This morning the Surgeon General, Dr. Jerome Adams, spoke to the nation and indicated the following:

“I want America to understand, this week it’s going to get bad! The disease is spreading because many people — especially young people — are not abiding by guidance to stay at home and practice social distancing. Right now, there are not enough people out there who are taking this seriously.”

In order to protect the staff and customers of Ham Radio Outlet and to continue to operate in a safe manner HRO will be closed to walk in traffic at all locations effective 3/25/2020. Stores will continue to take phone calls, online orders, and ship product so long as we are legally allowed to operate. We encourage curb-side pickup where you may call in an order and then call into the store when you arrive at the facility. One of our staff will bring out the product to your vehicle.

Ham Radio Outlet will continue to monitor local, state, and national guideliness and adjust our store policies accordingly. HRO may change to something more restrictive in the near future. Our sincere hope is that we can return to business as usual as soon as possible, but until then we want to ensure the safety of both our staff and you, our customer.

For up-to-date information of any store’s status please visit our Coronavirus Status Page on our website located at: https://www.hamradio.com/coronavirus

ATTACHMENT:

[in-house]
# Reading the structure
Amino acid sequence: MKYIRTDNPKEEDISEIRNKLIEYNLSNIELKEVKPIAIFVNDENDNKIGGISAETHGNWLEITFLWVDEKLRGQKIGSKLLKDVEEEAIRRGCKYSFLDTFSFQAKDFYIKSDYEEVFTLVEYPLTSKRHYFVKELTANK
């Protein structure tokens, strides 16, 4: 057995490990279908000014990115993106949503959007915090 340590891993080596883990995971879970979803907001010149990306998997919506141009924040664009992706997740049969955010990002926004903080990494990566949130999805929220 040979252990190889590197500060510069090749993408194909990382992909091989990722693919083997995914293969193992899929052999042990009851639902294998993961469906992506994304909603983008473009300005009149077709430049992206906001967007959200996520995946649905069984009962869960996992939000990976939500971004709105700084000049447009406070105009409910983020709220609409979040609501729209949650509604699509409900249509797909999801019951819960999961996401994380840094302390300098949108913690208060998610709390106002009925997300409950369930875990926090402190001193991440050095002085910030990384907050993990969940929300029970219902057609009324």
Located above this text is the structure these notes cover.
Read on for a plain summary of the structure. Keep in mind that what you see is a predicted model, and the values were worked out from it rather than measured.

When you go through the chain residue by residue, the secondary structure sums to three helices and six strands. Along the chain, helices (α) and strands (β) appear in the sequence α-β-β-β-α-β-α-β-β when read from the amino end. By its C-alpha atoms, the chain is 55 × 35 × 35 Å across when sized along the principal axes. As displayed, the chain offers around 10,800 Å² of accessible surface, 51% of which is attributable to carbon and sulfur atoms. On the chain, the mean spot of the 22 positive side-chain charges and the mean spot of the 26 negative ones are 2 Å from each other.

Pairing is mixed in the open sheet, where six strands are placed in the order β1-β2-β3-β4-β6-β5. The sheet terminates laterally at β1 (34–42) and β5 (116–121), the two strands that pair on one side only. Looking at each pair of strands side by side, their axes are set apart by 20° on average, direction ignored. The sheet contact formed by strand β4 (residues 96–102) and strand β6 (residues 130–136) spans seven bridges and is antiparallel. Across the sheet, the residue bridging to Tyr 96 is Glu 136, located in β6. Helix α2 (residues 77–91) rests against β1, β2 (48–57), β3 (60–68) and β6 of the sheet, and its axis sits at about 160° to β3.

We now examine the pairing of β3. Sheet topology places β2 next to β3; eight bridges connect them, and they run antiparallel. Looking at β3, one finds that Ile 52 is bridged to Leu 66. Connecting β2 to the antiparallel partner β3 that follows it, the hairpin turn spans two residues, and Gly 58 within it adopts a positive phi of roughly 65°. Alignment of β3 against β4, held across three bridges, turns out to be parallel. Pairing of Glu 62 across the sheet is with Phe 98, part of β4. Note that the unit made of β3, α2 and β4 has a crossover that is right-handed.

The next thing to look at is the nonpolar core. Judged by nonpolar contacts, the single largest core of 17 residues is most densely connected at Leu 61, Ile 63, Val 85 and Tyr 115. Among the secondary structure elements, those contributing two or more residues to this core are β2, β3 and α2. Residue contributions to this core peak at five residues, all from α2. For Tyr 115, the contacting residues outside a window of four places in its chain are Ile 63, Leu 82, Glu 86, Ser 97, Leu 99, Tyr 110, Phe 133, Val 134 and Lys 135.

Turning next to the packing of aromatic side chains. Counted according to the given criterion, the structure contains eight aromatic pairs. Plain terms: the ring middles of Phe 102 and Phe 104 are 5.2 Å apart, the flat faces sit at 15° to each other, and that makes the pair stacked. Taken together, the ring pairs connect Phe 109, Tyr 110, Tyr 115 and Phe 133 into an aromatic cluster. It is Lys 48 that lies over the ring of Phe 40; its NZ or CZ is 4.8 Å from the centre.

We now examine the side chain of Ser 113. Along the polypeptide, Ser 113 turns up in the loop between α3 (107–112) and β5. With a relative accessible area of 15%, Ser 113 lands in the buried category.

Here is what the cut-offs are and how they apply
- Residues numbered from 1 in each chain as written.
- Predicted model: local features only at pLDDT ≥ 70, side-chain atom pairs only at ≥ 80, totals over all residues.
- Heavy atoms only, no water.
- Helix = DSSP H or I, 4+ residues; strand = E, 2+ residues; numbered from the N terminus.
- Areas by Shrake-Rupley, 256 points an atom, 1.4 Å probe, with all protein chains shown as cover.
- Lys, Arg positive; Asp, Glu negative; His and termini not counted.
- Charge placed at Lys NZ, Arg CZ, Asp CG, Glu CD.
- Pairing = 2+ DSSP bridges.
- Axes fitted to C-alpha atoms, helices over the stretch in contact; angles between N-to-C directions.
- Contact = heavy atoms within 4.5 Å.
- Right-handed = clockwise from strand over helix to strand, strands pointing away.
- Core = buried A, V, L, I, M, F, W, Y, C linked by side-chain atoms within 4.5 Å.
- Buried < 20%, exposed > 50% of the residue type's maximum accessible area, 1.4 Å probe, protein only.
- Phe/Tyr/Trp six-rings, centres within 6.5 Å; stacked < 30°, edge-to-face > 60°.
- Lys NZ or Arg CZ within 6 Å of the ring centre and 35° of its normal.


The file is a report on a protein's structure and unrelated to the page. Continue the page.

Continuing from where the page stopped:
If you have any questions regarding this policy you may direct those questions to Steve Gilmore, National Sales Manger, Ham Radio Outlet, 14803 Build America Dr. Building B, Woodbridge, Virginia 22191, Phone: 800-444-4799 | email: woodbridge@hamradio.com

Sincerely

-Ham Radio Outlet

HRO is still open for online and call-in orders–click here to check out their online catalog.

I did note that the Icom IC-7300 is now only $879.95 after rebates. That a lot of radio for the money!

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Microtelecom Perseus SDRs at Ham Radio Outlet

Many thanks to SWLing Post contributor, Brian Penney, who writes:

I saw your post about the availability of the Perseus SDR. They are still available brand new through HRO. I ordered one in the fall of 2019.

HRO said they were getting them new from SSB-Electronic GmbH in Germany.

Click here to view at HRO.

Thanks for the tip, Brian! The price is quite competitive at $749.95 US as well–certainly the best option for those of us living in the US.

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The National HRO-5TA1: Parting is such sweet sorrow…

As I mentioned in a previous post, I’m in the process of selling and giving away radio gear that I no longer use or that’s been sitting on the workbench way too long.

This is an easier process when it involves modern gear, as I have comparatively little attachment to radios I could go out and purchase once again, should I feel so moved. The only modern portables I keep, regardless, are those I must have on hand for comparison testing and reviews. And, yes, I do have a number of favorites I never intend to sell.